Sam Gosling, Ph.D., is an associate professor of psychology at the University of Texas at Austin. His work has been widely covered in the media, including The New York Times, Psychology Today, NPR, and "Good Morning America," and his research is featured in Malcolm Gladwell's "Blink." Gosling is the recipient of the American Psychological Association's Distinguished Scientific Award for Early Career Contribution. His first book, Snoop, was a New Scientist Editor's Pick for top books of 2008. His most recent research has focused on how animal psychology can inform theories of human personality and social psychology.
Question: What symbols do people use to broadcast their identities?
Sam Gosling: Well, these are what I call identity claims, where people are making statements- often to others- sometimes to themselves. And there’s really not much mystery to it in many ways because if there was a mystery to it, they wouldn’t be effective at broadcasting. But what you really want to do when you’re looking for those sorts of things is look in spaces which you can unambiguously associate with the person, and people usually help you out in this way.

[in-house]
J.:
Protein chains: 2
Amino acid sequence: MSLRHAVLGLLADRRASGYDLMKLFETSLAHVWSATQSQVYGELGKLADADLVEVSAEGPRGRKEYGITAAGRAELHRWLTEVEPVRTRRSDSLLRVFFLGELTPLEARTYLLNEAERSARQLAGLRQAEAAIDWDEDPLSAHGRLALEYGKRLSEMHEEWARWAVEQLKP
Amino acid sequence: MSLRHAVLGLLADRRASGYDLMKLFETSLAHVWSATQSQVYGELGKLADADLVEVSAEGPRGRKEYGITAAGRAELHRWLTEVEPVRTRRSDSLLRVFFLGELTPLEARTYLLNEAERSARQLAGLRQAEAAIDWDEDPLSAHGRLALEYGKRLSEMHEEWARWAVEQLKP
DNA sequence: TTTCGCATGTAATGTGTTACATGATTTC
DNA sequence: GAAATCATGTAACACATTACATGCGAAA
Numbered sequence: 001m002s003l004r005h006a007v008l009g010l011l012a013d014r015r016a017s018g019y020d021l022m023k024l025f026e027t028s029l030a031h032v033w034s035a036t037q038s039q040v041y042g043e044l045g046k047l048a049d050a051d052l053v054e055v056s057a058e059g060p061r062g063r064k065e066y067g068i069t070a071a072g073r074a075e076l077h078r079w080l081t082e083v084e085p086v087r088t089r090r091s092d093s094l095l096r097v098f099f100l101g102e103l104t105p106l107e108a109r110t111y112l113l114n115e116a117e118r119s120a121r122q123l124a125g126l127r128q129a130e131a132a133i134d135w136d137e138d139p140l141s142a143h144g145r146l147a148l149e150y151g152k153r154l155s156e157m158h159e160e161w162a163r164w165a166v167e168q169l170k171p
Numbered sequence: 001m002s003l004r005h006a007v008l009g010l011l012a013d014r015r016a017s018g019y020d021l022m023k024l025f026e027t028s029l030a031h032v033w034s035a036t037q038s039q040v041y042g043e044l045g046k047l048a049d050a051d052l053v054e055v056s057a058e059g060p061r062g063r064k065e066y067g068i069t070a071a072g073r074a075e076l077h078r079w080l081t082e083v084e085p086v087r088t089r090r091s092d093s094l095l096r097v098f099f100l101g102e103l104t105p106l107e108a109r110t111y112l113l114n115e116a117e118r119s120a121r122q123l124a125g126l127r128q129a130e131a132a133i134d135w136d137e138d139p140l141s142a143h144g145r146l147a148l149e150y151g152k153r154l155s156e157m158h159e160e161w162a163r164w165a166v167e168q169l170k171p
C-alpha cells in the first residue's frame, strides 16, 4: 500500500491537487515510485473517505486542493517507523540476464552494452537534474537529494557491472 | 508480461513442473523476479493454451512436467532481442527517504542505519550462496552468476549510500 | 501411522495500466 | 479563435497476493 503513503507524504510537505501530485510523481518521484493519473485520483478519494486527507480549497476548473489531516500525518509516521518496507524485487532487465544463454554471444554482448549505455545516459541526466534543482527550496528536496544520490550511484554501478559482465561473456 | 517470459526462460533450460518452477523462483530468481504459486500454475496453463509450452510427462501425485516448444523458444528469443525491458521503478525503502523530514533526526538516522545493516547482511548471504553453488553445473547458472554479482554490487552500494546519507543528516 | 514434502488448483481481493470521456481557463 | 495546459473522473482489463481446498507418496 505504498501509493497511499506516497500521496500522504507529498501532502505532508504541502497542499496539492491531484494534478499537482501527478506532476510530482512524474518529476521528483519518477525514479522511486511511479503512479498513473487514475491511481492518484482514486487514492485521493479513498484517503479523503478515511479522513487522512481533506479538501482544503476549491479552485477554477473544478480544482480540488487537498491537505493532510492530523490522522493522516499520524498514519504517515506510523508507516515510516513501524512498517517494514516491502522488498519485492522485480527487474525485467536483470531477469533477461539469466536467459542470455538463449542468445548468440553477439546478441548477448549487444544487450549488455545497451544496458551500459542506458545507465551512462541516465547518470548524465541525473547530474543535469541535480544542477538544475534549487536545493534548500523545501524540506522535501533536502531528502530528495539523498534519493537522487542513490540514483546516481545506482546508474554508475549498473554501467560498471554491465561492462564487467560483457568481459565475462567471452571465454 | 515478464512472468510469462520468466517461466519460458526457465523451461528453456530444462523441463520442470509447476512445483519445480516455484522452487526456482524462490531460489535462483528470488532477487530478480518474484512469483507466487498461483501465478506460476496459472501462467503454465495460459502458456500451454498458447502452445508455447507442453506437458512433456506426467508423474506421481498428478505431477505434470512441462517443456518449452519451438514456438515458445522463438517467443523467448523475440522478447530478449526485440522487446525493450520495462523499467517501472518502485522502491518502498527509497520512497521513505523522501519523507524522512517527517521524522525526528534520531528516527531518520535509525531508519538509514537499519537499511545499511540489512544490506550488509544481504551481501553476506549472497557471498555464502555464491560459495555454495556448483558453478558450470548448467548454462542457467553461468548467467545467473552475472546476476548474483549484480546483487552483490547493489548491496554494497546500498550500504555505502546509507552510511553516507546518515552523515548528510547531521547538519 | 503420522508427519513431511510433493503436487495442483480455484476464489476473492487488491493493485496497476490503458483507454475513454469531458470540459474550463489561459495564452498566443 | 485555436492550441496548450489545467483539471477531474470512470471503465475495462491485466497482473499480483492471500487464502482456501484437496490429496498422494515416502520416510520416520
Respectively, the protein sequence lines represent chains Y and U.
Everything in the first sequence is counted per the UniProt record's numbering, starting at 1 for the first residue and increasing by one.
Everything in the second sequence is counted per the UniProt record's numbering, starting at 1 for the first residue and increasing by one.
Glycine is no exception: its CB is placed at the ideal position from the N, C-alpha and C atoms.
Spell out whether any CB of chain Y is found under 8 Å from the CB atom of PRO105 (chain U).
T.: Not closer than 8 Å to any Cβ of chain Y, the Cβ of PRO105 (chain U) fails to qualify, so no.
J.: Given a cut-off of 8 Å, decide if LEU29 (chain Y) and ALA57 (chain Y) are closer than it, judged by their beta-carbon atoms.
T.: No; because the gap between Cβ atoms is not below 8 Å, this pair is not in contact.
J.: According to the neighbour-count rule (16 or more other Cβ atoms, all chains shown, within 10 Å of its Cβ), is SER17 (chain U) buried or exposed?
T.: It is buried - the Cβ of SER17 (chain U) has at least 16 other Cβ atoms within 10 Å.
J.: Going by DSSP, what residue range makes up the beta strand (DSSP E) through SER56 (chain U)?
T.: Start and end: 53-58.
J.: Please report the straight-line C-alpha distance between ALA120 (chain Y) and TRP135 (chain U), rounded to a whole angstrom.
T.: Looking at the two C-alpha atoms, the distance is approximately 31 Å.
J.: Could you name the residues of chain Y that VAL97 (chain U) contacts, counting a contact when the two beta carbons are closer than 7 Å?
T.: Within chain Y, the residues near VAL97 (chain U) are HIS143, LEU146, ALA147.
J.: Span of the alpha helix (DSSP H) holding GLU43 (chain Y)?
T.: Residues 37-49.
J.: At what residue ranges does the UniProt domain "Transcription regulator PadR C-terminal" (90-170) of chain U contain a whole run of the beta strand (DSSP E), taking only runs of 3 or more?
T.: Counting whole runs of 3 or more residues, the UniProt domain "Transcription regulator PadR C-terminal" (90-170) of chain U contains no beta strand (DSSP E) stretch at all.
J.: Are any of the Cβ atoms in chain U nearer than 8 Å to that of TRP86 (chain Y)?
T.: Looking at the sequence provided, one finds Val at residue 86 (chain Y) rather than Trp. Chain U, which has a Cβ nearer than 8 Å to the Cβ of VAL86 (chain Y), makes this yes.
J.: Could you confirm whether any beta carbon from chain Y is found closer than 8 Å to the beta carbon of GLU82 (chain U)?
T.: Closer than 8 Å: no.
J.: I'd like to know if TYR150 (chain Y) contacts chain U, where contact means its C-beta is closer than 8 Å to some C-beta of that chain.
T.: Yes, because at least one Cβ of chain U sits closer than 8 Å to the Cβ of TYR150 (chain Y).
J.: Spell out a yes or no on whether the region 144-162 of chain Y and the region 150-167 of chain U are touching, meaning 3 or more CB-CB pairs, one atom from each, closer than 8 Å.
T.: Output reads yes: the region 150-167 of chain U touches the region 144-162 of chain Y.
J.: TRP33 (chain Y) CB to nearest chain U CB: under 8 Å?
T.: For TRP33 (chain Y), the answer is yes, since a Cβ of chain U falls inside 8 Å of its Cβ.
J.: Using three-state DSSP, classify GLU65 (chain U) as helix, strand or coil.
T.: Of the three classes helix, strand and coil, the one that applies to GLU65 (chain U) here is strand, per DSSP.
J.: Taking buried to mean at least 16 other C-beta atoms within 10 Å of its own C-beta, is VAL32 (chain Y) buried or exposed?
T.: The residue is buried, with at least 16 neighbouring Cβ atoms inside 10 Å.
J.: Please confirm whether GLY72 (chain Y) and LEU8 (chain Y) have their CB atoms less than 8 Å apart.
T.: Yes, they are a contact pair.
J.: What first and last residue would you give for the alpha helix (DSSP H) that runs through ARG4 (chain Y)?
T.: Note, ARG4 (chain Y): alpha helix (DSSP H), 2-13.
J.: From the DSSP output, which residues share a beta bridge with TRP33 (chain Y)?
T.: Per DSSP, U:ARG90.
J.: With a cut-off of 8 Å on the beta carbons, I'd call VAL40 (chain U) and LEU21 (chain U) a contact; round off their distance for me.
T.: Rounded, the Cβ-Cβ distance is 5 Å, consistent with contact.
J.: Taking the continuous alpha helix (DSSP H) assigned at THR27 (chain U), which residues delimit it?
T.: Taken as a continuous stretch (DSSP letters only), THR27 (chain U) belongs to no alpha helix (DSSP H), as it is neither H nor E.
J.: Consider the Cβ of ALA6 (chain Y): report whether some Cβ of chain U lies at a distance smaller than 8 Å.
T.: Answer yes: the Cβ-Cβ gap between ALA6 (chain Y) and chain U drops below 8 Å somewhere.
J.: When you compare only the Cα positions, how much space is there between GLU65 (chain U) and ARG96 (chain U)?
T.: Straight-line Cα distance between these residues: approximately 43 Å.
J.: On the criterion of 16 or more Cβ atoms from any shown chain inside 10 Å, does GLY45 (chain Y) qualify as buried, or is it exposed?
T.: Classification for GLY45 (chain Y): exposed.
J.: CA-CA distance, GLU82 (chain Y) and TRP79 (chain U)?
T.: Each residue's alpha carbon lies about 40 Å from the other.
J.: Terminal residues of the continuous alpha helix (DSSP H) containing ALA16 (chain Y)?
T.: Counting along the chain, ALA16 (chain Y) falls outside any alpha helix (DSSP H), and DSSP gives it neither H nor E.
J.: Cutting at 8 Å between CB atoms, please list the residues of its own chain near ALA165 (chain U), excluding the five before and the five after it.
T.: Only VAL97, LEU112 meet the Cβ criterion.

So you see a poster of some sort of icon that’s important to them on their desk or on their door, or something like that- there may be other things, too, which have more personal meaning which you can’t really interpret. So you have a pebble from the beach where you had your first kiss, or something like that. And you might see that pebble and not really know what it means, but you would know the person will stay sentimental.
Recorded on: June 13, 2008.